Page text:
SillyBands (sorry to mention this, folks) were a cultural shift that caught on. But eventually everyone realized they were ridiculous and WHAT IS HAPPENING TO MY ARM THE BLOOD CAN'T REACH MY HAND!

Obviously the cuff phone is not another SillyBands. But not every cultural shift happens because something is good, and the iPhone did not prove that cultural shifts are easy. The fact that it created such a shift is what made the iPhone so remarkable.

In the past, Microsoft has dropped the ball because the corporate culture internally rejects people who say anything negative about any new product or idea. Hence you see a lot of bad or poorly executed ideas.

What Microsoft needs is someone who's willing to say, "See this smartphone? Let's get it on people's wrists."

So Microsoft might suffer from stage fright when it comes to bringing out something radical like a cuff phone. But one thing is for certain, based on these patents, something is afoot. And it folds.

A FOOT THAT FOLDS? That's gross.

Ohh... never mind. Uluroo misread that.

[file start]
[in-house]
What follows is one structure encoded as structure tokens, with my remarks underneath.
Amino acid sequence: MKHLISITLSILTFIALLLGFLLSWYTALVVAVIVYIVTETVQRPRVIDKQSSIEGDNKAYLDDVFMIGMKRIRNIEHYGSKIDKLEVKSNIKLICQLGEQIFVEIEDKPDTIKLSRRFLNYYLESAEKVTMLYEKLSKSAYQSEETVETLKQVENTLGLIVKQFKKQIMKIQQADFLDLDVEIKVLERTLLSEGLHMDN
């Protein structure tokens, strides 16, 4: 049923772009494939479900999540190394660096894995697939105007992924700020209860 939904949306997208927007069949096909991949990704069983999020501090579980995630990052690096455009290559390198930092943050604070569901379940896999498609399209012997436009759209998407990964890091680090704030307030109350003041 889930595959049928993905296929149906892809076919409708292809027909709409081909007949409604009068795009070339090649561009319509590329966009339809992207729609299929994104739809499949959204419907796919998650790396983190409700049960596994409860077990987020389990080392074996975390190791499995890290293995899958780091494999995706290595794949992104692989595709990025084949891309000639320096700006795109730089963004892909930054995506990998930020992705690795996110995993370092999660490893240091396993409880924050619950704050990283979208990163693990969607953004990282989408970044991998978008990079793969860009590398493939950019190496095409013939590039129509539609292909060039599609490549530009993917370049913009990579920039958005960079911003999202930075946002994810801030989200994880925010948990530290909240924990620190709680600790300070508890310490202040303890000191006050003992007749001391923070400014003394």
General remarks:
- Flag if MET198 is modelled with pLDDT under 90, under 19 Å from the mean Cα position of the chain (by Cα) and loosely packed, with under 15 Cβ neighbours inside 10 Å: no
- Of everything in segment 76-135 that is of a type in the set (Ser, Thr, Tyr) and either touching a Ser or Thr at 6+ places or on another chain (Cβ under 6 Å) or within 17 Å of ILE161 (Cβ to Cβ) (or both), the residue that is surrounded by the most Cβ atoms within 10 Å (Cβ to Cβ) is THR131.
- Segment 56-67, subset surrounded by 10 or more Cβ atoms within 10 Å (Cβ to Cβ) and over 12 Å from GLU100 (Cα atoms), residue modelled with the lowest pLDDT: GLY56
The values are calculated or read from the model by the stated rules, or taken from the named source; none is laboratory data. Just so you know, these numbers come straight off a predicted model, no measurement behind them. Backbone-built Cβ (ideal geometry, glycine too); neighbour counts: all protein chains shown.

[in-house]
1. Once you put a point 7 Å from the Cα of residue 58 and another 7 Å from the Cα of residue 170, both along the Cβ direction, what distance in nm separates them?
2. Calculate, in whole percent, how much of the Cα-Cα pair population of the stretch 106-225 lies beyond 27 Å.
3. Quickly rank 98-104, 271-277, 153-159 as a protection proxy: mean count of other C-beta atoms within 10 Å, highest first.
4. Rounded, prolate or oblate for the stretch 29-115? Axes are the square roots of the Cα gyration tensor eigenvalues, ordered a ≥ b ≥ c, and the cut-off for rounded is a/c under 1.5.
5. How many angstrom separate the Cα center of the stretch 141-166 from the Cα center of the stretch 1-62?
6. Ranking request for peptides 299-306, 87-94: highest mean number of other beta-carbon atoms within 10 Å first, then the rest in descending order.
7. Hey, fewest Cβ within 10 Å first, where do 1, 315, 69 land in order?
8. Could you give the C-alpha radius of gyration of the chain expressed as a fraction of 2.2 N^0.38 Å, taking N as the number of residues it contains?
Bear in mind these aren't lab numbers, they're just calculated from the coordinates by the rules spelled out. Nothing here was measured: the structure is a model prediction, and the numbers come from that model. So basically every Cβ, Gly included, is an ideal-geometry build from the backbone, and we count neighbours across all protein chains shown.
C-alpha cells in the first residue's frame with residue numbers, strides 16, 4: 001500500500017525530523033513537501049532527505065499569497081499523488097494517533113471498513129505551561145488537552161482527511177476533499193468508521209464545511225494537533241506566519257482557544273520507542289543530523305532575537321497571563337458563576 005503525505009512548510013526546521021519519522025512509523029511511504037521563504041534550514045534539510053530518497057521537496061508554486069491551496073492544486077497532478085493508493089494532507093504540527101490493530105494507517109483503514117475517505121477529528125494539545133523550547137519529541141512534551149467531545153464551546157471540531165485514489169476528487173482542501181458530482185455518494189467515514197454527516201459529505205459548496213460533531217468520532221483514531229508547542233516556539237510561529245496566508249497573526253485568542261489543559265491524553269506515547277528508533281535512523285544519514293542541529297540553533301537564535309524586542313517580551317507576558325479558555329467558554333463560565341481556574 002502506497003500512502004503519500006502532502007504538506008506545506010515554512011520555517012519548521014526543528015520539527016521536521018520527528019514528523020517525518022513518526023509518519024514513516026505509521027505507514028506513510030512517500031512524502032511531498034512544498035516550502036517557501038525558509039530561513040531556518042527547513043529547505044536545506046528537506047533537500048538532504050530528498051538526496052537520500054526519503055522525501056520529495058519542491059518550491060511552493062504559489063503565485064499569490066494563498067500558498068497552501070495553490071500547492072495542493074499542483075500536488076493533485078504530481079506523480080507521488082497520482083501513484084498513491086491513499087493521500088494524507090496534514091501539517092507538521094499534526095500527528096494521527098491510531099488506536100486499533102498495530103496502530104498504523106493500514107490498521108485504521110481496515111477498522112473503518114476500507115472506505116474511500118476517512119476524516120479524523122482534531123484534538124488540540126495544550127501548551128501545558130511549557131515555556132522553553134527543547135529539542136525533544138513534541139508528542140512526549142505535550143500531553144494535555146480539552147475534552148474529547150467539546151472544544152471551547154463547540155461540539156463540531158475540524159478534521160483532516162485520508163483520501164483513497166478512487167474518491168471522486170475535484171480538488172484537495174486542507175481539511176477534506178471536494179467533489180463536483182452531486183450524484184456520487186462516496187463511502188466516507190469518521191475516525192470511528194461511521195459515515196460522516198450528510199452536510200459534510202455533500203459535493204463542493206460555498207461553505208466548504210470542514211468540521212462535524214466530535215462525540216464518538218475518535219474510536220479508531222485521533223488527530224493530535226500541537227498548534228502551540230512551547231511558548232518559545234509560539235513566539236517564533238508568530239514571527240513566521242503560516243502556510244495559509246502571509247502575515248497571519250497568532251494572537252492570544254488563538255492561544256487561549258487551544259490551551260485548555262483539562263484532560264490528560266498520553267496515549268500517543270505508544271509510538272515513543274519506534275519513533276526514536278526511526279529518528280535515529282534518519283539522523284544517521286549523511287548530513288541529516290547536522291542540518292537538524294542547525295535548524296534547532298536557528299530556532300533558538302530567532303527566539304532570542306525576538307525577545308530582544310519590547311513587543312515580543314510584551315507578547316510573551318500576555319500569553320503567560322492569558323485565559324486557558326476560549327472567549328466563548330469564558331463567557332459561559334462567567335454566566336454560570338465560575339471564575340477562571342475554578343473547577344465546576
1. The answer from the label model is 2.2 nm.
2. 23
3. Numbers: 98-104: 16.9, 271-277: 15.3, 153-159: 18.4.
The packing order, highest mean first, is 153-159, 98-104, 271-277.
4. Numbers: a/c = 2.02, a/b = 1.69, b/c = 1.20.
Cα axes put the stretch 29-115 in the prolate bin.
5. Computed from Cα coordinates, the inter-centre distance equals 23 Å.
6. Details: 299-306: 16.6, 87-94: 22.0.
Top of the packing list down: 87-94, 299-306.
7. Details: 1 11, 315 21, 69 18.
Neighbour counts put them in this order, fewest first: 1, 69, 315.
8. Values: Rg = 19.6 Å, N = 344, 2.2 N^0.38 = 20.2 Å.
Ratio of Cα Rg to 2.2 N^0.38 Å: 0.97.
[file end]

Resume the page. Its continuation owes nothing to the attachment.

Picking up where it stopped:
Even assuming that Microsoft could jump the technological barriers that would make a cuff phone a low-performance device, the whole thing is just a bad concept. It's clunkier than normal phones. Who wants to basically put a watch on whenever they're done using their smartphone? And who really thinks that a cuff phone would be "perfect for parties" or "a topic of conversation"?

Hey, maybe cuff phones will catch on and Uluroo will be proven wrong. But you won't catch Uluroo wearing a fireworks show on his wrist to move up the social ladder, especially because this is the same device advertised as "nerdy-cool." The cuff phone's concept is a mess, and its execution is almost impossible. Please, can we just stick with regular folding phones?

As far as ideas go, this one didn't really get in the air in the three years since Dvorak saw it at that trade show. Uluroo supposes it didn't get off the runway. More like it got stuck in the hangar. Maybe nobody's made it in the past three years because it just isn't a good idea.